Organizations have had a portfolio approach to IT for quite some time, now the various components within that portfolio might have started out as Mainframe, Open Systems and x86 in their own data center, or it could’ve been App Dev/Test and Pre-Prod in their data centers and Production at a hosting facility, and many, many other permutations.¬† Until recently there have always been pretty significant differences between those IT Services in the Portfolio and usually different management interfaces, organizations, reporting, etc. associated with each of them.¬† I posit that an integrated GRC framework with a Unified Service Portal not only bind the portfolio together and provides commonality in terms of how IT’s customers provision, manage and report on their services, but that they provide the framework for efficiency, control and choice which are the hallmarks of EMC’s Private Cloud vision.¬† This allows, as the portfolio matures and the GRC framework becomes more integrated, the CIO to deliver against the CEO’s expectations of cost reduction, the CISO/CLO’s expectation of a secure and compliant environment and his or her own expectation for more automation and transparency.¬† The goal then becomes not having only one method of computing achieved via a linear transformation of IT, but rather a portfolio of services delivered via several methods that is balanced for cost and risk with the ease of consumption and transparency of the public cloud and all the security and compliance associated with the data center.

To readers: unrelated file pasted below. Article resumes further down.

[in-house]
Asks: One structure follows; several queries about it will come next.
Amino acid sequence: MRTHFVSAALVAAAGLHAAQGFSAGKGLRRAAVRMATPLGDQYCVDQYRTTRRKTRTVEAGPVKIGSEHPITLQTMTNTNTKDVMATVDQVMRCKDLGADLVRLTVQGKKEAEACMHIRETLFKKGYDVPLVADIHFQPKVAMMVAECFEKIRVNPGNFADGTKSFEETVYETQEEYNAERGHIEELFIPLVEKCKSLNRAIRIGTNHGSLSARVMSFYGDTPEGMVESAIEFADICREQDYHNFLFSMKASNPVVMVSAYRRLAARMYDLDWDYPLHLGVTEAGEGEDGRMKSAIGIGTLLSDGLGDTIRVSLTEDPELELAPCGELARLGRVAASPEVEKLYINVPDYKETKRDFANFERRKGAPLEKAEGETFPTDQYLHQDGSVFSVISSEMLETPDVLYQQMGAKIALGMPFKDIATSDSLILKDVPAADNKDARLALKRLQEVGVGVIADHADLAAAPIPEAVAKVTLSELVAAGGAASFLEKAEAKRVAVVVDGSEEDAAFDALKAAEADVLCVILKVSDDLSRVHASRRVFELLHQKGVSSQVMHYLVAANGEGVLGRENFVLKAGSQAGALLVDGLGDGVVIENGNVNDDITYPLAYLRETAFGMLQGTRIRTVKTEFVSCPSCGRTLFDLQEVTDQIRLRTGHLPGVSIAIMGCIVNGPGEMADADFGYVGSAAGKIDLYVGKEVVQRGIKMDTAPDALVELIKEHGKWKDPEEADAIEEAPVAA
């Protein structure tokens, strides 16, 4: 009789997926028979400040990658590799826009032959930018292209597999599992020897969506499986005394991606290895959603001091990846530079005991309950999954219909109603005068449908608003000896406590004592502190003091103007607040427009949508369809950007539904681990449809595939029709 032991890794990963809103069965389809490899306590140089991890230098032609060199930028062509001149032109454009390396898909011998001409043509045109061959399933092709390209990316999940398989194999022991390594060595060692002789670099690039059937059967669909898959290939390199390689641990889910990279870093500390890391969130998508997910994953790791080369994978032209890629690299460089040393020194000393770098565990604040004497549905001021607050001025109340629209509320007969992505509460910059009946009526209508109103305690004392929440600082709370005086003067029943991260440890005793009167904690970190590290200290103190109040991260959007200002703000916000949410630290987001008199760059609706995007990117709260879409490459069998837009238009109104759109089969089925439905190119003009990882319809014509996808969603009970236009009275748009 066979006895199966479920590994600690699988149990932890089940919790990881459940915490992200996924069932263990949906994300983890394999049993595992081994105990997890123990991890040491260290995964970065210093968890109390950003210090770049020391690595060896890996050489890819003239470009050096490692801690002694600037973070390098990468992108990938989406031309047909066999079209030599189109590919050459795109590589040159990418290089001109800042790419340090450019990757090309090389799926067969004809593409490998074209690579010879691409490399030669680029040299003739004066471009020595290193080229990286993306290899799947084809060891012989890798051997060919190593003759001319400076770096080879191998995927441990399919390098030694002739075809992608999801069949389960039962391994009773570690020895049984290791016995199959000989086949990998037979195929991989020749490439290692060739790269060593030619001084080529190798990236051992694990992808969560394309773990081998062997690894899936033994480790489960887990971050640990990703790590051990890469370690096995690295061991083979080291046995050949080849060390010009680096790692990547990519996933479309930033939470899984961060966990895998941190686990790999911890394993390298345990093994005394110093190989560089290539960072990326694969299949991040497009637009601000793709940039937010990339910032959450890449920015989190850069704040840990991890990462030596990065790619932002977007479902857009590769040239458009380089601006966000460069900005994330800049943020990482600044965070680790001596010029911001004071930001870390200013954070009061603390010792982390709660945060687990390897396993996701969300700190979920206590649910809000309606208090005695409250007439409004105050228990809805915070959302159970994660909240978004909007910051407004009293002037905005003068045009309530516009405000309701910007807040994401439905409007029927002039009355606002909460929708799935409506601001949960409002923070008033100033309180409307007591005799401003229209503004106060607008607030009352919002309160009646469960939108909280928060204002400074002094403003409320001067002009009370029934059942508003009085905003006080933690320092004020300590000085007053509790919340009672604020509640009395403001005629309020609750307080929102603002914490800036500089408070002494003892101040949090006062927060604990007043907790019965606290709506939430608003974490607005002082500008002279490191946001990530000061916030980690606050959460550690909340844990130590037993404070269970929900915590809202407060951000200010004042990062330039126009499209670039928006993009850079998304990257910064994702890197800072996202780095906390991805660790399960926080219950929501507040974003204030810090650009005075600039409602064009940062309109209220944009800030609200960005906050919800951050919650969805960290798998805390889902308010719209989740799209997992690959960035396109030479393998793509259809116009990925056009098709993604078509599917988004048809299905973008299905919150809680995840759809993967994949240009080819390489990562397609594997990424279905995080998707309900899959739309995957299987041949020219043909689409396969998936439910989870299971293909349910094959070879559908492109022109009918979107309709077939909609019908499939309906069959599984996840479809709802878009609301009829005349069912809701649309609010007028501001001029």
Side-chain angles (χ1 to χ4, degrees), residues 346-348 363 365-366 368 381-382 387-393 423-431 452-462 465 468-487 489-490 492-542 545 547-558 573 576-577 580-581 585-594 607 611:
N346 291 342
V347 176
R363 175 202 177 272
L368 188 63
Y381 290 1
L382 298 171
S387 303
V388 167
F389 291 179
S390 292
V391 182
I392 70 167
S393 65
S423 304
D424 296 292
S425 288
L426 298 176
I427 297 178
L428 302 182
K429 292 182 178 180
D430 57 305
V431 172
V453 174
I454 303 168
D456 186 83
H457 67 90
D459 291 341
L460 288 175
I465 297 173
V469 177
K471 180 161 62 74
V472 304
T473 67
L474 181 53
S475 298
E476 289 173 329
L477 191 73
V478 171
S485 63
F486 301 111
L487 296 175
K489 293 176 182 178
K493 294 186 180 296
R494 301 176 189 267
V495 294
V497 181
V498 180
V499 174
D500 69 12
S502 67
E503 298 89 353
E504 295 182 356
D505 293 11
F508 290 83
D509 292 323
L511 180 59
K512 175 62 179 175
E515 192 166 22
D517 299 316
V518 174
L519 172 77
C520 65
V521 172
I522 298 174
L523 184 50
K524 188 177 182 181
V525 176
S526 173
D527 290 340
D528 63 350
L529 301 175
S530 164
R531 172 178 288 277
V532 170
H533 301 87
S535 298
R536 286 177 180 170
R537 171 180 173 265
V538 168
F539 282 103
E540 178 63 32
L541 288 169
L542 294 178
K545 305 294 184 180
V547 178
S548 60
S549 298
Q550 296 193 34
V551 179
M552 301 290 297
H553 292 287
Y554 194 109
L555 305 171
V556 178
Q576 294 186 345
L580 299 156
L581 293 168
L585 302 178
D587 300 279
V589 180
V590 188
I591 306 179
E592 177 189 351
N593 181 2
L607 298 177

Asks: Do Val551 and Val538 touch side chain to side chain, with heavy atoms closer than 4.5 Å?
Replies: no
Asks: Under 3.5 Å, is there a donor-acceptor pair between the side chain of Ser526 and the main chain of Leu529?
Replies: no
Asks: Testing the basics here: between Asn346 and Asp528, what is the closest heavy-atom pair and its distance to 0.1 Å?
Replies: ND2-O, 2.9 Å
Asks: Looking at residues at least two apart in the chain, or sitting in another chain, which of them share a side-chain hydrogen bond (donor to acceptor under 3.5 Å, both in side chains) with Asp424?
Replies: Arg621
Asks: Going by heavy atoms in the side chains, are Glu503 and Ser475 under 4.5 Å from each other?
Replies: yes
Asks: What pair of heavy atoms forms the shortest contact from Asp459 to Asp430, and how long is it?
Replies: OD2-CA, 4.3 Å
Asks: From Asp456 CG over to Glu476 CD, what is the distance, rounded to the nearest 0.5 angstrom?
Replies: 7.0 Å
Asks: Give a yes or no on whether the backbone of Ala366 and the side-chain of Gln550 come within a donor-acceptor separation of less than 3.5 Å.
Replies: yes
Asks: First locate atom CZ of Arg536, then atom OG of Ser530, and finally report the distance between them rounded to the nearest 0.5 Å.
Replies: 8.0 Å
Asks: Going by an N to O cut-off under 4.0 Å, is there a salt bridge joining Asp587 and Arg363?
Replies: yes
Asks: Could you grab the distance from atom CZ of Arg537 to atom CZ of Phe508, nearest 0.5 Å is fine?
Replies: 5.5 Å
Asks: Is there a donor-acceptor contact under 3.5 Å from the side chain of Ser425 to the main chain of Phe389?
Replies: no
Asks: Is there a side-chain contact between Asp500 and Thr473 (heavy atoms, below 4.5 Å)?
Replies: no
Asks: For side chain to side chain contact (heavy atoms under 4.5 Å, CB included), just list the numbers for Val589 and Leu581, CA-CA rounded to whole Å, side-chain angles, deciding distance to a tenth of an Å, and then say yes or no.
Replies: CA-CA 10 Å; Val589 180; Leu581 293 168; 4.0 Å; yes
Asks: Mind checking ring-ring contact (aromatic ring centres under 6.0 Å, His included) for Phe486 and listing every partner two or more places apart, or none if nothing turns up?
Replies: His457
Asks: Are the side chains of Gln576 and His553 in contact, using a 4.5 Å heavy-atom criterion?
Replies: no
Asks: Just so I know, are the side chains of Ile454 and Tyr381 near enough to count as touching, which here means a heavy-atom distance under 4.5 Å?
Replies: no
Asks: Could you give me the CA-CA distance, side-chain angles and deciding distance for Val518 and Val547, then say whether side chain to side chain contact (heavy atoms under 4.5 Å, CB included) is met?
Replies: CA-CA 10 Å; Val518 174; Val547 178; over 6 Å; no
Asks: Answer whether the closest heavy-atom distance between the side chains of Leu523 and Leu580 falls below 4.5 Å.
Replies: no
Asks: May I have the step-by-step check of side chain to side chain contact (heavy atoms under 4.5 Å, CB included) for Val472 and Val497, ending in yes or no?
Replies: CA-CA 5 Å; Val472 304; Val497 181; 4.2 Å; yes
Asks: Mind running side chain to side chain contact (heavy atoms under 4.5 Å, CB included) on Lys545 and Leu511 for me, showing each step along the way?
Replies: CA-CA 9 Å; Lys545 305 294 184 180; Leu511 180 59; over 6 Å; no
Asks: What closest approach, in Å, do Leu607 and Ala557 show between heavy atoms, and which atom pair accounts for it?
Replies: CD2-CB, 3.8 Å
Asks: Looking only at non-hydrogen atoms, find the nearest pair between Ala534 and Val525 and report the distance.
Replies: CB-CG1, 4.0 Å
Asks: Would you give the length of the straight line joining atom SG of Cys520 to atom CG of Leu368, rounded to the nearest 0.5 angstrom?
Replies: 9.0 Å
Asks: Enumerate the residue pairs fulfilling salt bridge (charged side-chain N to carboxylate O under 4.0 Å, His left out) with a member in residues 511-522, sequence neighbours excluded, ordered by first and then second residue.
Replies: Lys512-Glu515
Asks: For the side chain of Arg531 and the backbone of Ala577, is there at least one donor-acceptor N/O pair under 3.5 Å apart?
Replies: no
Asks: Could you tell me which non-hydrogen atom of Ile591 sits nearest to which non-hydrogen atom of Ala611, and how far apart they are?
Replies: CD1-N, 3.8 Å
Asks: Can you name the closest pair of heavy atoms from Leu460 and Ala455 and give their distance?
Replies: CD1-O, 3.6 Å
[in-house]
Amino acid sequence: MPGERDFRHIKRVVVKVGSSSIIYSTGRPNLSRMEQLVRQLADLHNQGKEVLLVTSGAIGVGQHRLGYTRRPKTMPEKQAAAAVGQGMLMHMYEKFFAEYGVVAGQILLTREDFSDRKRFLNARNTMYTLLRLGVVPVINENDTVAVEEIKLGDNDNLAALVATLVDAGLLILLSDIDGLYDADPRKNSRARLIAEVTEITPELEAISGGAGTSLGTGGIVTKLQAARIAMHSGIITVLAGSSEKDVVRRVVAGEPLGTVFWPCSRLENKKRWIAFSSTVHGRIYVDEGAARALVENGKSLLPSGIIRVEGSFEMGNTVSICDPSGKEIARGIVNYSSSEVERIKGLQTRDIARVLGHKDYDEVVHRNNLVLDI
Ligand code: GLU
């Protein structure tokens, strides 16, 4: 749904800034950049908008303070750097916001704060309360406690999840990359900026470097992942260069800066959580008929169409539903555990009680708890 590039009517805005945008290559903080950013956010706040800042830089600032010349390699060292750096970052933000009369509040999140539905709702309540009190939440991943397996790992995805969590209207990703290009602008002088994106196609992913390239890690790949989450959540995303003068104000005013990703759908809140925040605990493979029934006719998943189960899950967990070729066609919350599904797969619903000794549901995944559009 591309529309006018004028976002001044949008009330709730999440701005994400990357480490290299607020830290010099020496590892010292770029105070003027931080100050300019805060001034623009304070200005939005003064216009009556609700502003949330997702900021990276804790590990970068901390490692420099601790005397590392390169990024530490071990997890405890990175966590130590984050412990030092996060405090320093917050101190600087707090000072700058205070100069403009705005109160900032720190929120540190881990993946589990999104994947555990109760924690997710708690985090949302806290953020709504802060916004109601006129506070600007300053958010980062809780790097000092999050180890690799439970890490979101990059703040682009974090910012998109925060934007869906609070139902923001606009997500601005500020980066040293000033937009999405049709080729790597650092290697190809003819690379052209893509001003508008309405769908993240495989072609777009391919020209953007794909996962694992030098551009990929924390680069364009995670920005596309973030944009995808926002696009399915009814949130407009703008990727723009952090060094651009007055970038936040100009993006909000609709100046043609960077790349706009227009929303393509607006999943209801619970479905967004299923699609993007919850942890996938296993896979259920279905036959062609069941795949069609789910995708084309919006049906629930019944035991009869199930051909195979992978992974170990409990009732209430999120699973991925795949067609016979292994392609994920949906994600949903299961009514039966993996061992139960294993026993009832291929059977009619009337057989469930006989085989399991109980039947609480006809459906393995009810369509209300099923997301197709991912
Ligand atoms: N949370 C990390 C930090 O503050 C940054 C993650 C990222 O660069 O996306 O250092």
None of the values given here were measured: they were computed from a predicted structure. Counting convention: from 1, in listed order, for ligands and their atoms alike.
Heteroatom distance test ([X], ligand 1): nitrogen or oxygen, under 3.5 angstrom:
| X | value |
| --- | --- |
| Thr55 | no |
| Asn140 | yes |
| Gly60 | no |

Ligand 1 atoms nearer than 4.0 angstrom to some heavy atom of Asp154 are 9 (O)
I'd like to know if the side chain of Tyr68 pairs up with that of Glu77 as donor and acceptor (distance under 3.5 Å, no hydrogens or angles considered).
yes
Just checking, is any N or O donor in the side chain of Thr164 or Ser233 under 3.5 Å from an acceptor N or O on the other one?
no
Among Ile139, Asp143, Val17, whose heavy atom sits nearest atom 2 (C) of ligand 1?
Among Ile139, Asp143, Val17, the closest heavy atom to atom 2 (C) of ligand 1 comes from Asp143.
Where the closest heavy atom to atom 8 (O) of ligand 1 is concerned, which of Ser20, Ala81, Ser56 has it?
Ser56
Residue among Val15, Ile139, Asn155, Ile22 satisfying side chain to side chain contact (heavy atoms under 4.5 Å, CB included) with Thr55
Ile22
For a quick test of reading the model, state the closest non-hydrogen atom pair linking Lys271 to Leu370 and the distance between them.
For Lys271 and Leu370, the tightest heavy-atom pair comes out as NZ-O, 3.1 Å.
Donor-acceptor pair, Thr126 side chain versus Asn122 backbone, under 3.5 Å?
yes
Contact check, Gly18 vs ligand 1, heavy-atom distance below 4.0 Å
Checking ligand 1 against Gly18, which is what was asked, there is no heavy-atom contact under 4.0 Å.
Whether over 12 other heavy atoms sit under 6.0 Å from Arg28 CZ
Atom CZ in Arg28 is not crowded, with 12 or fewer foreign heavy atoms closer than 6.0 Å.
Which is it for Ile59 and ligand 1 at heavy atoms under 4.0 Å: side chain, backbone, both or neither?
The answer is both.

I’ve geared my presentation for Thursday to address some tactical approaches to implementing such a strategy with achievable early successes to build momentum for the adoption of the model.¬† I’d welcome discussion, questions, another perspective via the comments, engagement via Twitter or on the webcast session.

Please feel free to register here and join in the conversation:

EMC Live Webcast:
Create an Architecture and Roadmap for Your Private Cloud

Thursday, May 6, 2010
8:00 am PT / 11:00 am ET / 15:00 GMT

Register Today!

The private cloud vision has captured the attention of enterprise IT leaders and strategists because it promises unprecedented economies of scale and dramatically improved business agility.

EMC Consulting experts can help you find the best path to the private cloud by leveraging virtualization, pooling enterprise resources, and adopting a service-oriented model.

Attend this webcast and learn how to:

  • Identify the key attributes of a private cloud architecture
  • Establish a business case for private cloud
  • Develop a high-level architectural plan for private cloud
  • Transform operations into a service-oriented, self-service model